Did federal shutdown really cause July baby boom in D.C.?
07/17/2014 12:21 PM
07/19/2014 2:17 PM
For years, the weather has been a scapegoat for allegedly causing cabin-fever induced spikes in births, and now some in the Washington area are pointing to Congress to explain packed maternity wards at several local hospitals.
This July, nine months after Congress failed to pass appropriations legislation _ shutting down much of the government and sending hundreds of thousands of federal workers home for more than two weeks _ some hospitals are reporting higher-than-average numbers of births. Skeptics say the coincidence is probably just another false “baby boom” claim, which have been made after hurricanes, snowstorms and even the Sept. 11 terrorist attacks.
“Usually these stories are just romantic hypotheses with nothing to support them,” said Philip Morgan, a professor of sociology at the University of North Carolina at Chapel Hill who’s the director of the Carolina Population Center. “A few hospitals will have extra babies, so if you go looking for evidence you can find it.”
In 1970, statistician Richard Udry published an analysis of a supposed baby boom reported by The New York Times nine months after a blackout had hit the city in the fall of 1965. Examining the combined hospital statistics throughout the city compared with averages from several years prior, Udry found no evidence of a real rise in births.
Still, even Udry knew that his evidence would hardly quell the excitement related to reports of such baby booms.
“It is evidently pleasing to many people to fantasy that when people are trapped by some immobile event which deprives them of their usual activities, most will turn to copulation,” Udry wrote.
UNC’s Morgan said such events were unlikely to affect the birthrate because they rarely had an effect on other factors, such as couples using contraception. However, he said some cases had been scientifically corroborated, including a rise in births in metropolitan Oklahoma City after the bombings in 1995 and a decrease following the 1954 Brown v. Board of Education Supreme Court decision in Southern states.
“It’s possible, but I doubt it,” Morgan said. “If anything, the government shutdown would irritate people and make them rethink having a child.”
While it would take years to compare this year’s births with the long-term trend to prove such a boom, the spike in births at at least one hospital has people excited.
“It’s not actually a rumor, it’s real,” said Gary Stephenson, a spokesman for Sibley Memorial Hospital in Washington, who said the hospital had averaged three more births per day so far in July compared with the same period last year. In addition, the hospital had eight more babies this June than it did in June 2013.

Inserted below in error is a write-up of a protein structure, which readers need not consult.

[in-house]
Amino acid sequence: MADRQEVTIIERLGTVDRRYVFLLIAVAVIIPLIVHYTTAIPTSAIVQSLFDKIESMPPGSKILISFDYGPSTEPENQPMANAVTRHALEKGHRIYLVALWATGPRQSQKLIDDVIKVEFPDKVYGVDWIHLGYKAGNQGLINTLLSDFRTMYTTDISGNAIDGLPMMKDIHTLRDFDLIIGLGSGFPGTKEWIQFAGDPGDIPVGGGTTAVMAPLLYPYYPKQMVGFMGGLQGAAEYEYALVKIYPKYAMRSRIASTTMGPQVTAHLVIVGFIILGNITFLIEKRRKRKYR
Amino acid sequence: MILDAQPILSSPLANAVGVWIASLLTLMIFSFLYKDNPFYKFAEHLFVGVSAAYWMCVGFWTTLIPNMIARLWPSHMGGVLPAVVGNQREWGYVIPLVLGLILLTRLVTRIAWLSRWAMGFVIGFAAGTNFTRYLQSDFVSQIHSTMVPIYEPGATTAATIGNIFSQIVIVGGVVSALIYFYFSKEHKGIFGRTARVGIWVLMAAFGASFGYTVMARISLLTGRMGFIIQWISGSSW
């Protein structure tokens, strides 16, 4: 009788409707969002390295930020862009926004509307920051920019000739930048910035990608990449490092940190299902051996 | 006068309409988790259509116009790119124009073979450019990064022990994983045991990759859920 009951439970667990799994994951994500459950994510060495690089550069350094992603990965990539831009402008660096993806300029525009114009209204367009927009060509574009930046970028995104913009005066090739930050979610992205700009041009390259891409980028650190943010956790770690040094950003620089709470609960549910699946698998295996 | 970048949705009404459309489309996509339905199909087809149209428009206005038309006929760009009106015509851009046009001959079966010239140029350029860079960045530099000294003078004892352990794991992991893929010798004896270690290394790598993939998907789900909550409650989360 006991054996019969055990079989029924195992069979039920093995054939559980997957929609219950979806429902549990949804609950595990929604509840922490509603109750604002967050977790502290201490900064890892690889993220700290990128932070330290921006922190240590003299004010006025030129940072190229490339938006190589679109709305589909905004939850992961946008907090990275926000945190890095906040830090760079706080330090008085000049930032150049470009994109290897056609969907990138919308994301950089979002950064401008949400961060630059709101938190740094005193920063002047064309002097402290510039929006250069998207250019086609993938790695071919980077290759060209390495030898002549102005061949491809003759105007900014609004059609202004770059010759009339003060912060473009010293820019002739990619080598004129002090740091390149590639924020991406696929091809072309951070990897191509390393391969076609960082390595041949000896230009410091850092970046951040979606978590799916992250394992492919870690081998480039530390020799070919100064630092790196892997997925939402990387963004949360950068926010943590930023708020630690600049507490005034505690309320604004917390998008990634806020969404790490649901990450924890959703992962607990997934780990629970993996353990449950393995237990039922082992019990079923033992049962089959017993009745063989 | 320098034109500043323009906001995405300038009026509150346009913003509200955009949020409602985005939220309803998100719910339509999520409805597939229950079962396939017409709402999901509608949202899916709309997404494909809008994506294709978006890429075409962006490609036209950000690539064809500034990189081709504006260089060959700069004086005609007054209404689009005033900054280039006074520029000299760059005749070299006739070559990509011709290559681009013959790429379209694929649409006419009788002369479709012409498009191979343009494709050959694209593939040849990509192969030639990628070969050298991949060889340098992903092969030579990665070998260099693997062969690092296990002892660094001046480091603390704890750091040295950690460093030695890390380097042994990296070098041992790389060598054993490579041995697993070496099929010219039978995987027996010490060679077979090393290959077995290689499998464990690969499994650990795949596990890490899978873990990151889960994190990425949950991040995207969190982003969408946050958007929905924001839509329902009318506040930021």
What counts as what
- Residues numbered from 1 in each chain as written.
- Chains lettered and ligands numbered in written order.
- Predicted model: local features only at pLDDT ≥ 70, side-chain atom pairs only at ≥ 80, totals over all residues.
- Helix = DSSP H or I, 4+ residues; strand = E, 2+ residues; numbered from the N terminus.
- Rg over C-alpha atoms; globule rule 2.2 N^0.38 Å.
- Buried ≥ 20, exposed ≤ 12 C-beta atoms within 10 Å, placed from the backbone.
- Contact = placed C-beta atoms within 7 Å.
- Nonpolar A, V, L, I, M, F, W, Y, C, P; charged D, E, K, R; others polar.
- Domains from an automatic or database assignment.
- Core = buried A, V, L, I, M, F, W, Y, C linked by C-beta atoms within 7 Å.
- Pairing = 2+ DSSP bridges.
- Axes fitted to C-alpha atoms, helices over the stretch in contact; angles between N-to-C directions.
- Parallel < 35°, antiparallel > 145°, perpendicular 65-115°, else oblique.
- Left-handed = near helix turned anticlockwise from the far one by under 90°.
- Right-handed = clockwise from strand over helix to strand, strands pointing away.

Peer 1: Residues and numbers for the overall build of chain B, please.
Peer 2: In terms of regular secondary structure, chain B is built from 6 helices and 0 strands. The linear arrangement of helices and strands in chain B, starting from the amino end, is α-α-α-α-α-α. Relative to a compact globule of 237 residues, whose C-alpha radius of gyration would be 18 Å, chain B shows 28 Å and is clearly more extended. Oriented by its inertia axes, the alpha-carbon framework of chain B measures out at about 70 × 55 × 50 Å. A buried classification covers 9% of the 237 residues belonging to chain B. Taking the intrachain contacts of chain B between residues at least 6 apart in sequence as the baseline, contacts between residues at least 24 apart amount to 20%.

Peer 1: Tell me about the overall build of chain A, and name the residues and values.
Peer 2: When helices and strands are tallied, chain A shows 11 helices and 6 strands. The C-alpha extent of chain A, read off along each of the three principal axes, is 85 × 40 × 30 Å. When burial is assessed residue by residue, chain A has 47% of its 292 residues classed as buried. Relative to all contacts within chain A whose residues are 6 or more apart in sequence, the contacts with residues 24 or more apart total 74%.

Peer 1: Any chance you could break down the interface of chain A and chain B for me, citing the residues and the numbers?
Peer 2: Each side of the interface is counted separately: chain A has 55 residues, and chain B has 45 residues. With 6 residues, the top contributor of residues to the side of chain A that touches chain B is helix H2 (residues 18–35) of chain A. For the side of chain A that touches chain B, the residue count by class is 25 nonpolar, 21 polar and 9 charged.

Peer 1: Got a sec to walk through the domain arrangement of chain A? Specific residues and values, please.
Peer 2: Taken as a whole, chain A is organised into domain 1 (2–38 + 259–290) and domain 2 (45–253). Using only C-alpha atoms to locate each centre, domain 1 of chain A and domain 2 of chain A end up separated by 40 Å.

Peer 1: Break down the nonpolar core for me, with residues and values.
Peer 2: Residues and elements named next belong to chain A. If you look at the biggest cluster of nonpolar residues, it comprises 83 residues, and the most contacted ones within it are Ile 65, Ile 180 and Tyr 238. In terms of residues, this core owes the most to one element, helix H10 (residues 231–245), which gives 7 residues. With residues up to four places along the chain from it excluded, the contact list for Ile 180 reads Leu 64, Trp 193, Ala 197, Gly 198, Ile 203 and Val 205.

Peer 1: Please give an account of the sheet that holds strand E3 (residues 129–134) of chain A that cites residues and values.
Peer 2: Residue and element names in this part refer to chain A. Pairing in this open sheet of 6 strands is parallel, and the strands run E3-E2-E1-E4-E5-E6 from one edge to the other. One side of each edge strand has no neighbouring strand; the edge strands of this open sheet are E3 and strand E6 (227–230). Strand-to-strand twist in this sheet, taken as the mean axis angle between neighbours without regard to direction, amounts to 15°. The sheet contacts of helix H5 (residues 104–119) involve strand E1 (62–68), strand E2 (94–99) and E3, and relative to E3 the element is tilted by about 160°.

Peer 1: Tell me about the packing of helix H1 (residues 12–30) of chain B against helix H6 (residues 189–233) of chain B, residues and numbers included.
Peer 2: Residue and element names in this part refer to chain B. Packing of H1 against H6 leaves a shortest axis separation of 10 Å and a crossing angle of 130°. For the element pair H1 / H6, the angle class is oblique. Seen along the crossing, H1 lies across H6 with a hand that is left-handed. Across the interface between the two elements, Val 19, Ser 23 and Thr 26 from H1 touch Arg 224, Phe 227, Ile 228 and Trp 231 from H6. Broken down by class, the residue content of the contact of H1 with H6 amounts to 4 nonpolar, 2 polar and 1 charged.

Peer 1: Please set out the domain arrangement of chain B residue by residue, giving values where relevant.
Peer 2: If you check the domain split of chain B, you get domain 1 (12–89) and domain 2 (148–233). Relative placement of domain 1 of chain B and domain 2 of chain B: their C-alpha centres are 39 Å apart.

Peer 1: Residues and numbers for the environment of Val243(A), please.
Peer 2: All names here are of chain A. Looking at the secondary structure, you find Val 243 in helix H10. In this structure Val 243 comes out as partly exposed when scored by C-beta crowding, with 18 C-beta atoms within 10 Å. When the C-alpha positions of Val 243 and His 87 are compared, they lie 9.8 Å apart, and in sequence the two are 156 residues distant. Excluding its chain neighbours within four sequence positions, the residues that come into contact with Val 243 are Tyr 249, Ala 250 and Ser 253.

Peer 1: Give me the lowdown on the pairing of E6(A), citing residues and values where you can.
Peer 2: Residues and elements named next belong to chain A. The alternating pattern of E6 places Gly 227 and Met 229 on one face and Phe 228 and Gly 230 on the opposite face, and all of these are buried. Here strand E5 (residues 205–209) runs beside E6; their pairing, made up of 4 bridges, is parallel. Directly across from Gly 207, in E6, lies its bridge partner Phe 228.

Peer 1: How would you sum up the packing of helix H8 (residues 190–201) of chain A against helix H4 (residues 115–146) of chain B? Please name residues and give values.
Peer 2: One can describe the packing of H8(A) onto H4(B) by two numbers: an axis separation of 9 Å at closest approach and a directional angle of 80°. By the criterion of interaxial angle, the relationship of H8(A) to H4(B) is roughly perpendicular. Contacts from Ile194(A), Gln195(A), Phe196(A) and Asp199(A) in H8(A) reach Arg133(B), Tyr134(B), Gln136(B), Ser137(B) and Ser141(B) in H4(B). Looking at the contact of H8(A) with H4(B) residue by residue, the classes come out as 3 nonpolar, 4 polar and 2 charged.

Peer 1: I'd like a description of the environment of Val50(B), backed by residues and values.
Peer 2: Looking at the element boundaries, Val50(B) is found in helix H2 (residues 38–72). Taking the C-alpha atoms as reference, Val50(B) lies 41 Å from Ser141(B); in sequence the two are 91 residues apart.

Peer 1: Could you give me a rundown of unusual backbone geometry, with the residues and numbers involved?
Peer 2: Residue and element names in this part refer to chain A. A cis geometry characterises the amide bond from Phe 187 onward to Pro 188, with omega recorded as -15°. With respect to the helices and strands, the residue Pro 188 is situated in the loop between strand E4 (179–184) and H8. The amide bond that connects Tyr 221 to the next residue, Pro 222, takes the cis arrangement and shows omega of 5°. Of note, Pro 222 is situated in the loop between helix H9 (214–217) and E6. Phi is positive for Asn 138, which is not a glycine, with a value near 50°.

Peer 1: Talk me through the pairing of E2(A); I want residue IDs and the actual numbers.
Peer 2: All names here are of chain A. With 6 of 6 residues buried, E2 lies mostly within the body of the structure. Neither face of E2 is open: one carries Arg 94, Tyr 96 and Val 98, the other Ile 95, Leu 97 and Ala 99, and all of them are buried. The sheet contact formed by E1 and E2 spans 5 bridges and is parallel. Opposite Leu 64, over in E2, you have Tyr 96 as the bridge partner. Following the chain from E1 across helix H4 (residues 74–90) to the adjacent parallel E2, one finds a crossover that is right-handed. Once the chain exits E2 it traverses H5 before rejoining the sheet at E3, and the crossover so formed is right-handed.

While Stephenson acknowledged that the increased rate wasn’t beyond the norm, he said similar past events, such as the debunked post-blackout boom in New York, seemed to give such anomalies credit.
“When you see constituent bumps (in births) over time . . . I think it does cause one to think,” Stephenson said, adding that a nurse at Sibley had predicted the recent uptick.
Not all hospitals said they had evidence of a baby boom, however. A spokeswoman for MedStar Washington Hospital Center, the district’s largest, said the maternity ward there hadn’t seen any recent anomalies in the number of births, which was actually down in recent weeks.
Brian Williams, the anchor of “NBC Nightly News,” took the opportunity of the reported boom to offer some on-air humor.
“How long until someone on television points out that during the shutdown the folks in Washington are apparently doing at home what Washington has been accused of doing to the American people?” Williams said last week.
A similar case of an alleged baby boom made news last year, when some hospitals in New Jersey reported a surge in births nine months after Hurricane Sandy hit the region in October 2012.
The phenomenon was also recently referenced in a Hyundai commercial that aired during the FIFA World Cup competition. The ad showed a packed maternity ward before flashing back nine months to victory celebrations in which a young couple lock eyes and begin kissing.
The federal government shutdown, which occurred last Oct. 1 to Oct. 16, sent roughly 800,000 federal workers home during that period. In addition, more than 1 million employees were required to work without pay. Congress later restored pay for all the federal workers.
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